Hemlock woolly adelgids are small insects that can seriously damage or even kill hemlock trees. Is your tree at risk? Find out about hemlock woolly adelgid treatment and prevention in this article.
What are Woolly Adelgids?
Only about a sixteenth of an inch long, woolly adelgids (Adelges tsugae) have a huge impact on hemlock trees in the eastern part of North America. Their feeding practices cause needles and branches to brown and die, and if the infestation is left untreated, the tree starves to death. Here are some interesting facts about these tiny pests:
- All woolly adelgids are female. They reproduce asexually.
- As they feed, they secrete waxy filaments that eventually cover their bodies. These filaments give them their “woolly” appearance. The woolly coat protects the insects and their eggs from predators.
- Woolly adelgids sleep through the summer and are active when temperatures cool.
Hemlock Woolly Adelgid Damage
The woolly adelgid is an aphid-like insect that can grow and reproduce on all types of hemlocks, but only the eastern and Carolina hemlocks decline and die from an infestation. Watch closely for hemlock woolly adelgid damage. Early detection gives your tree a much better chance of survival.
The insects feed by sucking sap from hemlock needles, and the needles die one by one. If nothing is done to stop the infestation, the entire branch may die. Here is a season-by-season list of danger signs:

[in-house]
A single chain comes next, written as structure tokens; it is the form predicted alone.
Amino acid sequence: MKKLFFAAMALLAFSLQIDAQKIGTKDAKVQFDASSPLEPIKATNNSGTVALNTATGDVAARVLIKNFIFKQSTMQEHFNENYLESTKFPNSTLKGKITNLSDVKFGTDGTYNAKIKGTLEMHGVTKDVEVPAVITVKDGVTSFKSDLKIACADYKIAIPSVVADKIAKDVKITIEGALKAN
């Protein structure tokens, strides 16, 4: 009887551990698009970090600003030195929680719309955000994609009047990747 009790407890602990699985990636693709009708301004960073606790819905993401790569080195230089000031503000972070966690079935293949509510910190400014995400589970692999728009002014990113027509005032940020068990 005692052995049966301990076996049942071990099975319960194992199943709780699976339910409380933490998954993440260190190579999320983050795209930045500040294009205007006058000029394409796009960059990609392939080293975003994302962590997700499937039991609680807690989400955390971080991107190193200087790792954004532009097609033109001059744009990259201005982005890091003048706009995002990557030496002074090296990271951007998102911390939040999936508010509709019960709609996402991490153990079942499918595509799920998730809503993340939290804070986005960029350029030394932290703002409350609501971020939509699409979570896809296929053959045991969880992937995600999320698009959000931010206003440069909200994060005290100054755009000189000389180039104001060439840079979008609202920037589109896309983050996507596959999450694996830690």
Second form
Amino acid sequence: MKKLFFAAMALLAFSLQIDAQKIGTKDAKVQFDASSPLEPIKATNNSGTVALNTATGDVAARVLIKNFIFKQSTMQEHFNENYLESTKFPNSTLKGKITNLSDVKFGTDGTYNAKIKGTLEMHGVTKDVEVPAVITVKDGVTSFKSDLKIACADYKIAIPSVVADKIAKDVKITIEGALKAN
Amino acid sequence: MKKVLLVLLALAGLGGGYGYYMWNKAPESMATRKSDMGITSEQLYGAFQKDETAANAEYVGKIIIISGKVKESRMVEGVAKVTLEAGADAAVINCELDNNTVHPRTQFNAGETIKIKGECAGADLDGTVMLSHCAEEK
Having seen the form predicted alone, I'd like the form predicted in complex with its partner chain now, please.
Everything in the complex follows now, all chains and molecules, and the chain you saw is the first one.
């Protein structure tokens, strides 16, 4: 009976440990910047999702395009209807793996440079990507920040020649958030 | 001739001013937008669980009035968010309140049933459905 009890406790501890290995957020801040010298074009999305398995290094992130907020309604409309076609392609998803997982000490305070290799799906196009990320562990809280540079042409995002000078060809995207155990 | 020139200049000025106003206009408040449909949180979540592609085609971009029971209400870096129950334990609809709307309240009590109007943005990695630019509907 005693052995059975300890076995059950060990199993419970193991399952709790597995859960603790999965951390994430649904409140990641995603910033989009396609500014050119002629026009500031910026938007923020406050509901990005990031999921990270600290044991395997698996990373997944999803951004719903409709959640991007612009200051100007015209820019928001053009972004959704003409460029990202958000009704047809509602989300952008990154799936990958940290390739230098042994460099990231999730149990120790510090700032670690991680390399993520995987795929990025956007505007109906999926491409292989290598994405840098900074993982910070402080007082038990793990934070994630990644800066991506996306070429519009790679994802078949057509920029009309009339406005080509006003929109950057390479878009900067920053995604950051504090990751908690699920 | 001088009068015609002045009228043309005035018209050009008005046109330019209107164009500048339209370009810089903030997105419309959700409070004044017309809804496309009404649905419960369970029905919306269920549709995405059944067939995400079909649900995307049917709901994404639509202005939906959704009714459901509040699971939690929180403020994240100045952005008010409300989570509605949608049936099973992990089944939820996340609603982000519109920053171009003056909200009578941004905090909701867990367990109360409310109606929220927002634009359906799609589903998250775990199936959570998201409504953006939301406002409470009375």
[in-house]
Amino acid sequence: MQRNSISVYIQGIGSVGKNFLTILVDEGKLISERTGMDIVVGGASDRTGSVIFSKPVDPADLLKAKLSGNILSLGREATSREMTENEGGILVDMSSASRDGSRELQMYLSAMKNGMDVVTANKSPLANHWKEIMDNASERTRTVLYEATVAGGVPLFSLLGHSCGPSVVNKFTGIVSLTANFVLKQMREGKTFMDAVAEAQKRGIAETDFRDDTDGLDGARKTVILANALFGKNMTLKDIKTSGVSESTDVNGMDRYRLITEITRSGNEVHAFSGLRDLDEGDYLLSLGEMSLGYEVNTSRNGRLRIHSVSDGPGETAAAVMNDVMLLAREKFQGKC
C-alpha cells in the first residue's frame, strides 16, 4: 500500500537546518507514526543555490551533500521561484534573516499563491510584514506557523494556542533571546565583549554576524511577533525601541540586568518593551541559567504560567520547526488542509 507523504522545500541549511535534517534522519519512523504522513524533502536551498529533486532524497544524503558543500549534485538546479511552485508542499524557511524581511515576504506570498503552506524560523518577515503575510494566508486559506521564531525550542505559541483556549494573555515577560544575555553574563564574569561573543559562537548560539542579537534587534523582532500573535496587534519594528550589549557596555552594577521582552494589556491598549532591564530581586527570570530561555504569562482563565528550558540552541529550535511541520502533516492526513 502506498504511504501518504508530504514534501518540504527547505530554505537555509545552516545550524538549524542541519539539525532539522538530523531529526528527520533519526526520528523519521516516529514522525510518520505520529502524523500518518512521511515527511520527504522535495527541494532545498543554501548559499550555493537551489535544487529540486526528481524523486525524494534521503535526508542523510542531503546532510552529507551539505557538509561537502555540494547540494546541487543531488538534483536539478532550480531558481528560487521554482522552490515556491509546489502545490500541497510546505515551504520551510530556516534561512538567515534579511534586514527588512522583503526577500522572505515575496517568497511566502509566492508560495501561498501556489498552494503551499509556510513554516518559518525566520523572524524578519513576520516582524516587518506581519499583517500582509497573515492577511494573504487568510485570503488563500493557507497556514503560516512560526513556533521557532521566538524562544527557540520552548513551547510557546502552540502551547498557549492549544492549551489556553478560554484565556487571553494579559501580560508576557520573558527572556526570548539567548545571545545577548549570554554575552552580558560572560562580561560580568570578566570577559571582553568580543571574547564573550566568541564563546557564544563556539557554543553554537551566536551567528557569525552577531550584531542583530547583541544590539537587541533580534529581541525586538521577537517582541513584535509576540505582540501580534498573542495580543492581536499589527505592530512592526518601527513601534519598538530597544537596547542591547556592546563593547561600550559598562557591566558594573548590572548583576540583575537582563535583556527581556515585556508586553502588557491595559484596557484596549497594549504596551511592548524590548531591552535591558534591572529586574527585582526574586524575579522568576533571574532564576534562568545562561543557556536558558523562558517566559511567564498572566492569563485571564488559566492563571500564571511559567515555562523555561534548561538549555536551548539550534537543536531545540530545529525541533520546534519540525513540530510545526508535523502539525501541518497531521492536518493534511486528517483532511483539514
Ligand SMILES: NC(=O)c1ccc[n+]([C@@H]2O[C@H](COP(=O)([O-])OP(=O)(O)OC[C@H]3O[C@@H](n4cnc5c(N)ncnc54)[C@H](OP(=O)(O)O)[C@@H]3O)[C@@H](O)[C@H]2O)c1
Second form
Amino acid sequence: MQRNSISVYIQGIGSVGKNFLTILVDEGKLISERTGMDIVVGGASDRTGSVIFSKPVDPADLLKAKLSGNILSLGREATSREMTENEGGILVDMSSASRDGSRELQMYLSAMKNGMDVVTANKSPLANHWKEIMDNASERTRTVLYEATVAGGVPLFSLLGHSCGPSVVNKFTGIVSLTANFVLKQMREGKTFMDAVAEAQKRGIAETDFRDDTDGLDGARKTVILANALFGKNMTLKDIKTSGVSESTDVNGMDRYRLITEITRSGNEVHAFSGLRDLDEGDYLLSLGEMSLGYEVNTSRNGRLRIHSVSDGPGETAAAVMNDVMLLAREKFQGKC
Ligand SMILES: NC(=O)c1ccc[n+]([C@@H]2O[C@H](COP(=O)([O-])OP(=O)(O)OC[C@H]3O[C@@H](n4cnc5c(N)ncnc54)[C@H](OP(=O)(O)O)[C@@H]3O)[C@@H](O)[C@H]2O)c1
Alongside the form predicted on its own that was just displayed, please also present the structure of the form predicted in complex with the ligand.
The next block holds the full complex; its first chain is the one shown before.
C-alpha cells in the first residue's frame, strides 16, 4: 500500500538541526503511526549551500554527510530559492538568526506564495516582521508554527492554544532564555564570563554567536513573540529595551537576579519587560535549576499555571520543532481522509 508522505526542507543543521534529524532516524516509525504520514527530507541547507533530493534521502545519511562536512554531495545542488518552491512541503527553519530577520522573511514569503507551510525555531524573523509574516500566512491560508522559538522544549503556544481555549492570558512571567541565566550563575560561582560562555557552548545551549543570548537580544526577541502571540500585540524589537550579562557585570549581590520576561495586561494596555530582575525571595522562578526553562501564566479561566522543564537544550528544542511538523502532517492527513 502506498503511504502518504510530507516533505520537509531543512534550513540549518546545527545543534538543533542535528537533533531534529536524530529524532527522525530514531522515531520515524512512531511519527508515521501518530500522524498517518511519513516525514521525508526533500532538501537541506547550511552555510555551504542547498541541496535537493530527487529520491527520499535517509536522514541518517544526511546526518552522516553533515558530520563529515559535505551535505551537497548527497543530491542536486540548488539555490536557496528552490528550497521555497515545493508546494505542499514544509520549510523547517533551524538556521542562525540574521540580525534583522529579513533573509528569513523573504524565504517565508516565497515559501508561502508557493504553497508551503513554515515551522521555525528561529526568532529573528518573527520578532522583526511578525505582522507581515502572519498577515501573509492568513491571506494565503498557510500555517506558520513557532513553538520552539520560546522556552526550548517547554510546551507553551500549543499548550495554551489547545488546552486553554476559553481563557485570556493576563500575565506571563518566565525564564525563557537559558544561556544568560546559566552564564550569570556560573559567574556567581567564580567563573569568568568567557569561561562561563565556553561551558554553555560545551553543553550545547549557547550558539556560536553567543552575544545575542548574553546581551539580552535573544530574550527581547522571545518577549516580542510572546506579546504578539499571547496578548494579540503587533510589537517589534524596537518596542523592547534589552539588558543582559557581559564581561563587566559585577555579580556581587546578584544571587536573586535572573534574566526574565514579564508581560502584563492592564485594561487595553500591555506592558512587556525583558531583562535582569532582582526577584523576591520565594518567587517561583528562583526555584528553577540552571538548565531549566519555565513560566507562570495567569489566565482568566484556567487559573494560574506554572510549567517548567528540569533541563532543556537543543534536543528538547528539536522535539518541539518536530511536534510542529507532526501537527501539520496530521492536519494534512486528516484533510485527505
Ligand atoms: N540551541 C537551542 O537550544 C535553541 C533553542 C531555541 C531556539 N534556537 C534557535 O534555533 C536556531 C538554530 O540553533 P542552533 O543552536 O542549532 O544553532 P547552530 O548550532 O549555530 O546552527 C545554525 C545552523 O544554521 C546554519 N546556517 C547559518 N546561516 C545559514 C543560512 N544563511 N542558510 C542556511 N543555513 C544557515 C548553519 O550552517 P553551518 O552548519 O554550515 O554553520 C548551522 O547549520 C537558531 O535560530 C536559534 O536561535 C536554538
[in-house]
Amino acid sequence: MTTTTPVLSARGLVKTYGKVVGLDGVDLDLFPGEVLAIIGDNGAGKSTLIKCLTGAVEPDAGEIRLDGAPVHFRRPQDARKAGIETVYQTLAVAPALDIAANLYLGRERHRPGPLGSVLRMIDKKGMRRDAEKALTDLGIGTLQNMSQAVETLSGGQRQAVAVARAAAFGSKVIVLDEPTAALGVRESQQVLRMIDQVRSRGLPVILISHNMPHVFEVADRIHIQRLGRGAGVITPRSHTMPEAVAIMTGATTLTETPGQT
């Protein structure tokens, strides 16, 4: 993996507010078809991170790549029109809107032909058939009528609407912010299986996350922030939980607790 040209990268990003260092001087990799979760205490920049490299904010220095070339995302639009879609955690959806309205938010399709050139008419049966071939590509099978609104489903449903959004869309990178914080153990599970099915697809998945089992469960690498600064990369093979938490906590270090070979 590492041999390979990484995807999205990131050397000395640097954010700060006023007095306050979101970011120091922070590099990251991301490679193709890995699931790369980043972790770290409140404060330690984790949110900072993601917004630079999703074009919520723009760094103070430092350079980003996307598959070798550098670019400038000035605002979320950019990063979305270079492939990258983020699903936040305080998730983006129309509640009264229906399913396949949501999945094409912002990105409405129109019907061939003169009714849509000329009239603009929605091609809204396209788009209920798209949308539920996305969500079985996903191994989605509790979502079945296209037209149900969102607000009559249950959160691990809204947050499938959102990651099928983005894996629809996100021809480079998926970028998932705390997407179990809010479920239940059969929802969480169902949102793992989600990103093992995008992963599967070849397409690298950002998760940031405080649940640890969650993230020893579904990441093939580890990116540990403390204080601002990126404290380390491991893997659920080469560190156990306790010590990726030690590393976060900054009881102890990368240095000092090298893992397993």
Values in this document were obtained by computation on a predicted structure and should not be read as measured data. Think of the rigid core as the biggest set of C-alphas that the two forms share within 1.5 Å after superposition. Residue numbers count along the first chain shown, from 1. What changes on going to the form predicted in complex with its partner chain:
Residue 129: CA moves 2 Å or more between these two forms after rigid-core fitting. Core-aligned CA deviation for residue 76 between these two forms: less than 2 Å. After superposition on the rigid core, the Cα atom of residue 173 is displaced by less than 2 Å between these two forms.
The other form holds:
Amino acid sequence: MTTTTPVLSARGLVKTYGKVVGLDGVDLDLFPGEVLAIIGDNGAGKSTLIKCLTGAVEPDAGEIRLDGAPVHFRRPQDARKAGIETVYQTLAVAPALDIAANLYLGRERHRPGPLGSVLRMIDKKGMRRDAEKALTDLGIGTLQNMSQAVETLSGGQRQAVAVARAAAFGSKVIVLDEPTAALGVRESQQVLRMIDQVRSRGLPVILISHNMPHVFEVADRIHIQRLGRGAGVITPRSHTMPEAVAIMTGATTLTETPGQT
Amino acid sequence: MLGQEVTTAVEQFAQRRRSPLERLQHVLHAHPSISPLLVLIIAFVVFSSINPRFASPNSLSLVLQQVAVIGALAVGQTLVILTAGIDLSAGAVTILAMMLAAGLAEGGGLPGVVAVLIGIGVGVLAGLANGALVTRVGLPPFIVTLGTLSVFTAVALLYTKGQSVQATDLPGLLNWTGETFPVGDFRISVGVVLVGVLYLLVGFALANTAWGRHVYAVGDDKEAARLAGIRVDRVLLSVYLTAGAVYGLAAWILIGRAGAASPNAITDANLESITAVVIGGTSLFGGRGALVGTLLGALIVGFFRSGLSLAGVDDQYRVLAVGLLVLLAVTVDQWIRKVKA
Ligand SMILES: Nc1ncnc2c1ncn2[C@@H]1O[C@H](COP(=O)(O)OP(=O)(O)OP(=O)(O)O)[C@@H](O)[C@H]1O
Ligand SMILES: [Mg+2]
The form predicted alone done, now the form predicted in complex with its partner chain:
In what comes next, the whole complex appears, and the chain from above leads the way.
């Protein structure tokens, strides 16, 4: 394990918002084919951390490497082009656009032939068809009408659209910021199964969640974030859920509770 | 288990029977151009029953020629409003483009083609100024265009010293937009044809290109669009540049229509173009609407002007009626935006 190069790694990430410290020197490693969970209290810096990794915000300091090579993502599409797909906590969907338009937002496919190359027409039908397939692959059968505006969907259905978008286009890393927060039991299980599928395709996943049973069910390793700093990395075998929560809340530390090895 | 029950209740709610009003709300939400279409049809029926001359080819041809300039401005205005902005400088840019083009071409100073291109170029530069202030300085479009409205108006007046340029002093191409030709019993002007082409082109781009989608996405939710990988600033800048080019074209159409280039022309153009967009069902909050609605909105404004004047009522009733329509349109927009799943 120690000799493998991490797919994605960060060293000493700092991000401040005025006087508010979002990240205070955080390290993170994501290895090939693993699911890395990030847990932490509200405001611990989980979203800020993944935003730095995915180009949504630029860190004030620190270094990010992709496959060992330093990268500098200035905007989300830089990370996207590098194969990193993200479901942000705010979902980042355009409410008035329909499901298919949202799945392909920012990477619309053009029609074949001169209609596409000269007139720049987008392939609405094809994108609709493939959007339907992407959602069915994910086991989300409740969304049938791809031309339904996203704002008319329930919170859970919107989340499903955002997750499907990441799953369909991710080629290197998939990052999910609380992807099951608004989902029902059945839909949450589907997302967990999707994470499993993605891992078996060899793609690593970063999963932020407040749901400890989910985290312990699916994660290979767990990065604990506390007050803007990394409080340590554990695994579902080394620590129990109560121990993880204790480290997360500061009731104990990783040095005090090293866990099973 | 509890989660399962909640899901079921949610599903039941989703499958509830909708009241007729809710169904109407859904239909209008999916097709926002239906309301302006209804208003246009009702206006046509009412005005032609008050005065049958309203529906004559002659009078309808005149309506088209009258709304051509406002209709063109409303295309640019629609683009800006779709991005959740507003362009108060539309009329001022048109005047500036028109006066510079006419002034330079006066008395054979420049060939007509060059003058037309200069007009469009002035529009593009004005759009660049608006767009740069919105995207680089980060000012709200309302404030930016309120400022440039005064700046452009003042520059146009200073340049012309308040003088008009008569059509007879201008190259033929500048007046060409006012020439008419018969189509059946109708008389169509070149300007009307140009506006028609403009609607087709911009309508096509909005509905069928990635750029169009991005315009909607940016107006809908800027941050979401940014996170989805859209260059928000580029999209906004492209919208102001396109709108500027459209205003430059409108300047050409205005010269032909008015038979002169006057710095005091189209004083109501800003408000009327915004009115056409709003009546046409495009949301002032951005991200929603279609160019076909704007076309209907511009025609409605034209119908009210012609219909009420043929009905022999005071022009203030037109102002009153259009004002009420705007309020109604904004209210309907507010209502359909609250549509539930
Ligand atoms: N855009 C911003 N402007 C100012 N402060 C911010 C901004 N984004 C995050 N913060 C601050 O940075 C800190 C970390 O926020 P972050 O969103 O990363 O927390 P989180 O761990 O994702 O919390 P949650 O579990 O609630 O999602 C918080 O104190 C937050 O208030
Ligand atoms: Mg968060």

- In spring, you may see orange-brown eggs when you look closely at the base of the needles.
- In early summer, the eggs hatch and upon close inspection you may be able to see tiny, reddish-brown, crawling insects.
- Summer is the easiest time to spot the insects. They go dormant during the heat of summer, but first they spin little white nests of a waxy, wooly-looking substance. The nests are much easier to see than the insects themselves.
- Woolly adelgids come out and begin feeding again in fall and winter.
Woolly Adelgid Control
The best treatment of woolly adelgids on a small tree is to spray the tree with horticultural oils. Spray in spring after the eggs hatch but while the insects are still crawling, and follow the label instructions. This method won’t work on large trees. They should be treated with a systemic insecticide by injection or soil treatment. These are short-term solutions.
The treatment must be repeated every year. There are no good organic treatment methods, but scientists are working with some of the woolly adelgid’s natural enemies to see if they can be used to protect hemlock trees.